Best Buy posts another quarter of sluggish consumer electronics demand

Best Buy posts another quarter of sluggish consumer electronics demand

In a news release on Thursday, CEO Corie Barry acknowledged “a challenging sales environment” for the consumer electronics category and softer-than-expected sales.

But, she said the company continues “to manage our profitability while at the same time preparing for future growth.”

Here’s how Best Buy did in its fiscal first quarter compared with what Wall Street was anticipating, based on a survey of analysts by LSEG:

  • Earnings per share: $1.20 adjusted vs. $1.08 expected
  • Revenue: $8.85 billion vs. $8.96 billion expected

The company’s net income for the three-month period that ended May 4 rose slightly to $246 million, or $1.13 per share, from $244 million, or $1.11 per share, a year earlier. Adjusting for one-time items, including restructuring charges, Best Buy reported earnings of $1.20 per share.

Net sales dropped to $8.85 billion from $9.47 billion in the year-ago period.

Best Buy’s sales have been sluggish, as the company deals with the aftermath of roughly two years of outsized demand during the Covid pandemic. The retailer has been in the middle of a waiting game for the replacement cycle of laptops, kitchen appliances and more to normalize and for the debut of new tech gadgets to push customers to its stores and website.

Plus, like other retailers, Best Buy has noticed a pullback in purchases of discretionary items as consumers manage higher costs because of inflation.

Comparable sales, a metric that includes sales online and at stores open at least 14 months, declined 6.1% compared with the year-ago period, as customers bought fewer appliances, home theaters, gaming devices and mobile phones. On the other hand, the company said it saw growth in its services and laptop categories.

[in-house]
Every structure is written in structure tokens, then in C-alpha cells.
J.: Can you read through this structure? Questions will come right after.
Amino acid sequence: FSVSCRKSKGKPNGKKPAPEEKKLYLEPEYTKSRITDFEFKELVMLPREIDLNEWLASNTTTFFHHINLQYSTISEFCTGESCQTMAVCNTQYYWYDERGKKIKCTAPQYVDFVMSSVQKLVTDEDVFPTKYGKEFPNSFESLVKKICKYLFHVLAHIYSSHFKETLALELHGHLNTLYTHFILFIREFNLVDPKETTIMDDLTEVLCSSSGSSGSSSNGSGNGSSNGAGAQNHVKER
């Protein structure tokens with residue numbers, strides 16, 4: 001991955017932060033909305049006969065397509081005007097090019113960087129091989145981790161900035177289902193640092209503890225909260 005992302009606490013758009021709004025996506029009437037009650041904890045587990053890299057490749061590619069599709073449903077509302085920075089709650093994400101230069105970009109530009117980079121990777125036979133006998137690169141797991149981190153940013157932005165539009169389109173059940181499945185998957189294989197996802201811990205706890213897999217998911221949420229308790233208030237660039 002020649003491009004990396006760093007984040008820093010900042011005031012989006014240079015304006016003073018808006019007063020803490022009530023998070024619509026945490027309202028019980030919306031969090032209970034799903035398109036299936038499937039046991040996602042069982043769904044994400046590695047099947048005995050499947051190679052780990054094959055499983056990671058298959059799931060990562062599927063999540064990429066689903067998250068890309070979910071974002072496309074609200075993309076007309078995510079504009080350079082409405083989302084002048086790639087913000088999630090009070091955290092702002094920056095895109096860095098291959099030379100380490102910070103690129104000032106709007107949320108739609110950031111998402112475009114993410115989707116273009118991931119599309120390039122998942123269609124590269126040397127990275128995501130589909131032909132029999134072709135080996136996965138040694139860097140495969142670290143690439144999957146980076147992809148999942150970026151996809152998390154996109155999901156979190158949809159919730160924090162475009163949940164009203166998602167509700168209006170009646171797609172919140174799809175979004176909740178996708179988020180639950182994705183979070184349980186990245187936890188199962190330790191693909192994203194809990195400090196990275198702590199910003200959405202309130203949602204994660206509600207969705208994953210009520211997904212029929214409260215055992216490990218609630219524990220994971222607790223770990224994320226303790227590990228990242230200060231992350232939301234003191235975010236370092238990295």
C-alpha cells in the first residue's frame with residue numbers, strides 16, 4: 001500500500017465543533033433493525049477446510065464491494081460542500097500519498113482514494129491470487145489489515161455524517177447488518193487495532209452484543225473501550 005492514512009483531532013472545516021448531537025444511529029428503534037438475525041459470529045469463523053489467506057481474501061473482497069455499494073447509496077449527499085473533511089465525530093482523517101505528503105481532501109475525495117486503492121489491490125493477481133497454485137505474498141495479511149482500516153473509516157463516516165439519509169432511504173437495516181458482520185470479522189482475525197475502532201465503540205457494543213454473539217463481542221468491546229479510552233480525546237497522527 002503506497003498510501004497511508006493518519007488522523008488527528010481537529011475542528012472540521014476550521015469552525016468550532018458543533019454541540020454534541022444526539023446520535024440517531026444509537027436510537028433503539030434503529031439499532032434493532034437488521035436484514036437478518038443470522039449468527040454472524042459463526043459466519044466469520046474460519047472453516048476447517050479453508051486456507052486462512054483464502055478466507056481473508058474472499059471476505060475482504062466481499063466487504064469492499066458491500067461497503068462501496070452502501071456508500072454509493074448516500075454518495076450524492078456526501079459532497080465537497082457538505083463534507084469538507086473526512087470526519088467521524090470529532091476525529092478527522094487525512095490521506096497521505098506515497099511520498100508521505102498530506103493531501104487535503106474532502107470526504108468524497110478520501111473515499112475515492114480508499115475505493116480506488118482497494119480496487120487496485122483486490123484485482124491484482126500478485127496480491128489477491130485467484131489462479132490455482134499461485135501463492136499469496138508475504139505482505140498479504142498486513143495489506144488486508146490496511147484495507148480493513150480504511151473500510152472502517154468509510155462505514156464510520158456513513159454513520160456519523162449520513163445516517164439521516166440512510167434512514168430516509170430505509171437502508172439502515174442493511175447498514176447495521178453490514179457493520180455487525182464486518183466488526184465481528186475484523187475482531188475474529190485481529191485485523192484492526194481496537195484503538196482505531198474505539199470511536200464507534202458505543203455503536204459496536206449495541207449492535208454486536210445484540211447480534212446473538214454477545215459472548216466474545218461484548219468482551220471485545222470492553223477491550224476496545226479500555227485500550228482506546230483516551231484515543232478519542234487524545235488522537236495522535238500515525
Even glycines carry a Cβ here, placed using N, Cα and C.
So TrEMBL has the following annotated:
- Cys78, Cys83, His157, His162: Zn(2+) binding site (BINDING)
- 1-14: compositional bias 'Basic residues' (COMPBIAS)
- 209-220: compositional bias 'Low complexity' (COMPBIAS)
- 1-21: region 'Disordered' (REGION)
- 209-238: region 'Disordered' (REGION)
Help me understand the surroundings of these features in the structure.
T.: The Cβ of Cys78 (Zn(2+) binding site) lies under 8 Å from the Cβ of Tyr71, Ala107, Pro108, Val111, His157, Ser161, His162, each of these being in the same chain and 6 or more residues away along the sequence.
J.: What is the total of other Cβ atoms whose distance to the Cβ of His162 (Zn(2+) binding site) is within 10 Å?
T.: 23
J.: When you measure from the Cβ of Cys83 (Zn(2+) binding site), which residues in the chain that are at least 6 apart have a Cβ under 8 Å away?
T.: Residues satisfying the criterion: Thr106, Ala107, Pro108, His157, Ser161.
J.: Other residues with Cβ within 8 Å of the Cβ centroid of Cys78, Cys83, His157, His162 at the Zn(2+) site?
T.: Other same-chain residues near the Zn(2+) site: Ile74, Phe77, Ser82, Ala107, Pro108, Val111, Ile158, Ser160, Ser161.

In the U.S., comparable sales dropped 6.3% and online sales tumbled 6.1% year over year. Even so, online sales accounted for nearly one-third of total U.S. revenue in the quarter.

The company has looked to newer businesses, including its subscription-based membership program. It relaunched My Best Buy as a three-tier program in late June. The lowest tier of the program is free, but the top tier costs $179.99 per year for perks like round-the-clock tech support, up to two years of product protection and 20% off repairs, among other benefits.

The Minneapolis-based retailer has also slashed spending. Earlier this year, Barry said the company would lay off workers and cut costs across the business. She did not specify the number of layoffs, but said Best Buy would invest in areas that could drive growth, like artificial intelligence.

Best Buy said it spent $15 million on restructuring costs during the quarter, primarily related to severance or similar pay for employees who lost their jobs. It said it does not expect to have any other significant charges related to those layoffs, which began in the company’s fiscal fourth quarter.

As of early February, Best Buy had more than 85,000 employees. That’s down from the nearly 125,000 workers that it had in early 2020 and the more than 90,000 employees it had in early 2023, according to company financial filings.

The company also said in late February that it would close 10 to 15 stores in the fiscal year, after shutting 24 stores in the previous one.

Best Buy on Thursday adjusted its full-year capital expenditures forecast to an estimate of $750 million, down from as much as $800 million.

Shares of Best Buy closed on Wednesday at $71.90, bringing the company’s market value to about $15 billion. As of Wednesday’s close, the company’s stock is down about 8% year-to-date, trailing behind the S&P 500’s gains of about 10%.

This is breaking news. Please check back for updates.

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